Both grinding and camping are both ruining the fun of the game, one is ruining the fun of the player and the other is ruining the fun of their opponents by using a easy but hard to counter strategy.

5. The game should feel like they have a clear win/loss state.
A clear win lose state provides first of all a sense of accomplishment, something a campaign based game or high score based game doesn’t really do in most cases. While a high score games does judge your effectiveness of your approach it doesn’t give a hard and conclusive “You’re doing good” back to the player but rather a “you are doing this good” which makes it feel less of an accomplishment. However with significant investment in game feel you are able to make a new highscore or simply a ranking on the board feel like a hard win to the player.
And campaign based play has the distinct disadvantage of being roughly the same once the game is done which greatly decrease the value of repeat play. Secondly it’s not uncommon for campaign based play has the distinct issue of “throw solutions at it to see what sticks”, making the stakes involved far lower. While repeat play might not be very important to some games, understanding the system is. Forcing a puzzle by sheer luck or winning a combat encounter by cheesing the system or just mashing generally doesn’t feel like a clear win to the player, rather it feels like the cheated the system.
Match based play on the other hand gives hard concrete feedback on your strategy and those of your opponent. This also curbs knowledge of fixed solutions and rather rewards generalized game knowledge and it’s states.

6. The game will reward and encourage skill and growth.
As explained in “The Theory of fun” by Ralph Koster learning is often the most important part of getting enjoyment. Ambiguity in learning is important in a given game as this allows a designer to constantly present the player with new and yet also comparable situations to those they have encountered before. Thanks to this players are able to use existing knowledge of a game’s systems without needing memorization of solutions to succeed. As they get feedback they will learn new ways to play and develop their strategy, otherwise known as learning.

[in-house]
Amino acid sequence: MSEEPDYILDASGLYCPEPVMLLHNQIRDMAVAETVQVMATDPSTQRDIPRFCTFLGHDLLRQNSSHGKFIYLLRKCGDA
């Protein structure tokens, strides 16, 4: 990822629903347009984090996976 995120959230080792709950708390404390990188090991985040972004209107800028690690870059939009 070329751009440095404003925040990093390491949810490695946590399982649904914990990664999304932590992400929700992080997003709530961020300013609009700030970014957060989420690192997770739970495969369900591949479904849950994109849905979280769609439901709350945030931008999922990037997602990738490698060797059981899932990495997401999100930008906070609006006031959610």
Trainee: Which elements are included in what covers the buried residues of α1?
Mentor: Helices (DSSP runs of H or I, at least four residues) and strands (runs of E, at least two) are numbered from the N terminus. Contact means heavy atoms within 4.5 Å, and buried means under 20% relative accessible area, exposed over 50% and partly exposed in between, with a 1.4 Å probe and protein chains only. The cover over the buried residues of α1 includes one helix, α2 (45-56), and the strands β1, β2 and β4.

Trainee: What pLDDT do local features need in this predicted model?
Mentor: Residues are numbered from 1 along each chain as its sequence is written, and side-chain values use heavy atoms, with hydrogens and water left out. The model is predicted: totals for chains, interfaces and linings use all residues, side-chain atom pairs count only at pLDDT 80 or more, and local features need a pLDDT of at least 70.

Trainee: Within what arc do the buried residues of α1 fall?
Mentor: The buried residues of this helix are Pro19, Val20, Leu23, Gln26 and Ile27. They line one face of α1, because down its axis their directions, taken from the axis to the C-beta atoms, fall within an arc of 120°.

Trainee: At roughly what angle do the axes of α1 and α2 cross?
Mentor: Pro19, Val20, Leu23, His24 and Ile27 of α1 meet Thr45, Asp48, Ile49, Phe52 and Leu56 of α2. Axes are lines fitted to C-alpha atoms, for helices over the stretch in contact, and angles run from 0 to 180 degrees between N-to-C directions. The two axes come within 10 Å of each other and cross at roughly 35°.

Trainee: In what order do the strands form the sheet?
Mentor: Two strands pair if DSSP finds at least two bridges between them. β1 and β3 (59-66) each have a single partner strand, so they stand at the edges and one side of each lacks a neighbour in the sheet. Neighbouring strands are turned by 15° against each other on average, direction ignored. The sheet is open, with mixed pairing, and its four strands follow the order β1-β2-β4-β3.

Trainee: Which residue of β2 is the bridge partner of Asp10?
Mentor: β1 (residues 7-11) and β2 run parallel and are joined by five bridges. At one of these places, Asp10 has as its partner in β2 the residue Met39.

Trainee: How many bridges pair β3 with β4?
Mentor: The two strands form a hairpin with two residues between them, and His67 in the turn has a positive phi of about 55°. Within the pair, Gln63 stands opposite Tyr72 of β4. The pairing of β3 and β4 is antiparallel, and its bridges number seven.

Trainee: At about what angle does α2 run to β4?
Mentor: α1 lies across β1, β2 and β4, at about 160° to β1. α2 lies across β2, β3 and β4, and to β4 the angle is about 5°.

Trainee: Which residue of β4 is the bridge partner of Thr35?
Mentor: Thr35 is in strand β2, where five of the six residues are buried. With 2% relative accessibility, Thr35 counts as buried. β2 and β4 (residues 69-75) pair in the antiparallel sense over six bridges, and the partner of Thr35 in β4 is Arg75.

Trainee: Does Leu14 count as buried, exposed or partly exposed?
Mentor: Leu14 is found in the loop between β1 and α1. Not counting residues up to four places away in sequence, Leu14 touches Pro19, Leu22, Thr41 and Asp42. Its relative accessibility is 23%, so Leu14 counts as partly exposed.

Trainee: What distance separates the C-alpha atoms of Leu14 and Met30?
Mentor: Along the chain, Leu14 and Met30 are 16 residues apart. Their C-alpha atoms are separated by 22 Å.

More importantly however if an situation is too easy to or too hard to figure out they won’t learn. If it’s too easy the won’t expand their knowledge of the game and by extension won’t learn but if it’s too hard all strategic paths come up with the same negative result and thereby also doesn’t expand their knowledge of the game.

7. The game should not stop being interesting without new content.
Most modern video-game break the commandment for the simple reason of having only finite content. A obvious and famously example of this being Super Mario Bros., after playing Mario once you’ve seen almost all content to be found in the game. Thanks to this and it’s reliance on authored content to create fun it becomes less interesting with every run, unless the player itself sets rules for themselves like is done in speedrunning.